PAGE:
ALBUM: Love And Other Crimes
LABEL: EMI America
COUNTRY OF ORIGIN:
LINEUP: Nathan Shaffer - vocals, guitars * Warren Mays - vocals, guitars * Del Breckenfeld - bass, vocals * Bruce Breckenfeld - keyboards, vocals * Chuck Schwartz - drums
TRACK LISTING: 01 Something Crazy * 02 It Never Felt Like This * 03 Even A Loser * 04 Dirty Suzie * 05 Double Indemnity * 06 Head Hunter * 07 She's My Girl * 08 Hotline * 09 Life On The Line * 10 I Put My Love
Gambler.. another long lost band from the dusty files of seventies AOR/hard rock. Originating from the Chicago area, and operating in the same zone as local area bands such as Trillion
and Off Broadway
. Venturing out into the clubs and bar circuit of the windy city, it wasn't long before they were supporting some big name acts (Chicago's Styx
being one of them). Soon signed to EMI America, the band released their self titled debut album in 1979, a set of tunes not far removed from early Kansas
material, not surprising considering the Jeff Glixman production. 1980 saw the release of their sophomore album 'Love And Other Crimes', the production this time being handled by the band themselves, plus studio hound Phil Bonanno. Soundwise, the band get closer to radio oriented styles, a la Roadmaster
'Fortress' era, The States
etc, combining this with straight down-the-line AOR prevalent during that timeframe. A feature of their music is the fabulous multi-part harmonies, similar to bands like Trillion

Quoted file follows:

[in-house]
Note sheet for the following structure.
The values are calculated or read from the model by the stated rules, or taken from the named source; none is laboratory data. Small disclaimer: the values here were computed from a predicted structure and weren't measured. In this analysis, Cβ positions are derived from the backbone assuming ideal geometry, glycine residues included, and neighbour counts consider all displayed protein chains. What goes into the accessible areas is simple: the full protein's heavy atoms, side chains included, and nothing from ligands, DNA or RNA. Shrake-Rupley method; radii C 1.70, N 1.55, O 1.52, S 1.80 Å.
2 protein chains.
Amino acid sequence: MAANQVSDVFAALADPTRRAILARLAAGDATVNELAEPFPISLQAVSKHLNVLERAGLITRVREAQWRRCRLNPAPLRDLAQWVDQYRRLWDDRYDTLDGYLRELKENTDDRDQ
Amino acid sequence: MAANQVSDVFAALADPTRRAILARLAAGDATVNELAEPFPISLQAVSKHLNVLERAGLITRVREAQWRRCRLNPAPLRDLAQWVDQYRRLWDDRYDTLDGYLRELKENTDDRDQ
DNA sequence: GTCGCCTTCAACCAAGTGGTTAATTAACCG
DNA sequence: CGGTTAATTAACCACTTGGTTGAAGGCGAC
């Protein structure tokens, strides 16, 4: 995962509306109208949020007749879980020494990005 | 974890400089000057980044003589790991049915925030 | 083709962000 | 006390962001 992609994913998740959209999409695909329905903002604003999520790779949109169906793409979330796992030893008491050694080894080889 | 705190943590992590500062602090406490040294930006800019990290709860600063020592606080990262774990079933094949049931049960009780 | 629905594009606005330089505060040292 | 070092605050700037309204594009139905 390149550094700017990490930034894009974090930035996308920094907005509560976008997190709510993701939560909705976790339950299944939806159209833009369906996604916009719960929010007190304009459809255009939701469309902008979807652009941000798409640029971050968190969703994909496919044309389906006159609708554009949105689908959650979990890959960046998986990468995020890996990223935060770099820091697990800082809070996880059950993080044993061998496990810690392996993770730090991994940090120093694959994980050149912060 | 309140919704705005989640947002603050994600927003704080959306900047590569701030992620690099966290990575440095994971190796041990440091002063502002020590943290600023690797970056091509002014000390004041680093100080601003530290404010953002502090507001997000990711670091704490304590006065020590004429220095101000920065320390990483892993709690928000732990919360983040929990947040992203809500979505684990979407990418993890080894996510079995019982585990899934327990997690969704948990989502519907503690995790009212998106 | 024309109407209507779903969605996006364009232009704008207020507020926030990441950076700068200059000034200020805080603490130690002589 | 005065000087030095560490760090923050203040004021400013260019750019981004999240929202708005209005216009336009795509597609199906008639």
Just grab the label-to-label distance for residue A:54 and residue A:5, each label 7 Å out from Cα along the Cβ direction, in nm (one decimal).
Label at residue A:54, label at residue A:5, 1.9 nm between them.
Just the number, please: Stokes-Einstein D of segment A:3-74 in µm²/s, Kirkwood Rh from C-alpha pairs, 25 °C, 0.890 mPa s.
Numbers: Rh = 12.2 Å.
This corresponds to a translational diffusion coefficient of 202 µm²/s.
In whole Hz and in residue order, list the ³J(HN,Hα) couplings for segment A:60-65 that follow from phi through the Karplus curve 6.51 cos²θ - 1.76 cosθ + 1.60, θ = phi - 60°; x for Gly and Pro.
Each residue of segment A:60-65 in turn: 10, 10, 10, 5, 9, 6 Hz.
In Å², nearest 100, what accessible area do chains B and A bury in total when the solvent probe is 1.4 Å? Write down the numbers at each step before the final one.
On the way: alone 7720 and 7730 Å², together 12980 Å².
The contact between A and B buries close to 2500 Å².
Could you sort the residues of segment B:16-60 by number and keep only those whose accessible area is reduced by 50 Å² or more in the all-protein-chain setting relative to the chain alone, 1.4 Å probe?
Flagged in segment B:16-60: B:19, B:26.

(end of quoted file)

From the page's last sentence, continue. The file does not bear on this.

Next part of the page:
, and in keeping with those bands, a slight (ever so slight) symphonic style can be detected.
Check out the fantastic opener 'Something Crazy', with its Roadmaster
-esque keyboard dabbles. A great intro. Continuing with strong harmony vocals is 'It Never Felt Like This' while 'Even A Loser' is straight-ahead AOR, it's enriched by a simple but harmonious chorus. 'Dirty Susie' is given the hard/pop treatment, which is followed by 'Double Indemnity', a tune which could fit snugly on the Airborne
album I reckon. 'She's My Girl' has definite Roadmaster
appeal, then Gambler 'up' the speedometer rating on 'Hotline', a tune which has a bit of Kansas
'Leftoverture' on it. They finish up with the over-extended ballad 'I Put My Love', which ebbs and flows in true symphonic fashion.
EMI America dropped Gambler shortly after the release of this album, perhaps due in part to the upswing in the new wave market, or perhaps EMI America didn't know what they were doing? Ironically though, a band peddling a similar sort of style called the J Geils Band
(also signed to EMI America ironic huh?) struck it huge the following year with their 'Freeze Frame' album, containing two smash hits 'Freeze Frame' and 'Centerfold'. Perhaps a third Gambler album in 1981 may have seen different fortunes if marketed in the same way as J Geils
? But hey, we're talking about EMI America here people, they couldn't organise a piss-up in a brewery..
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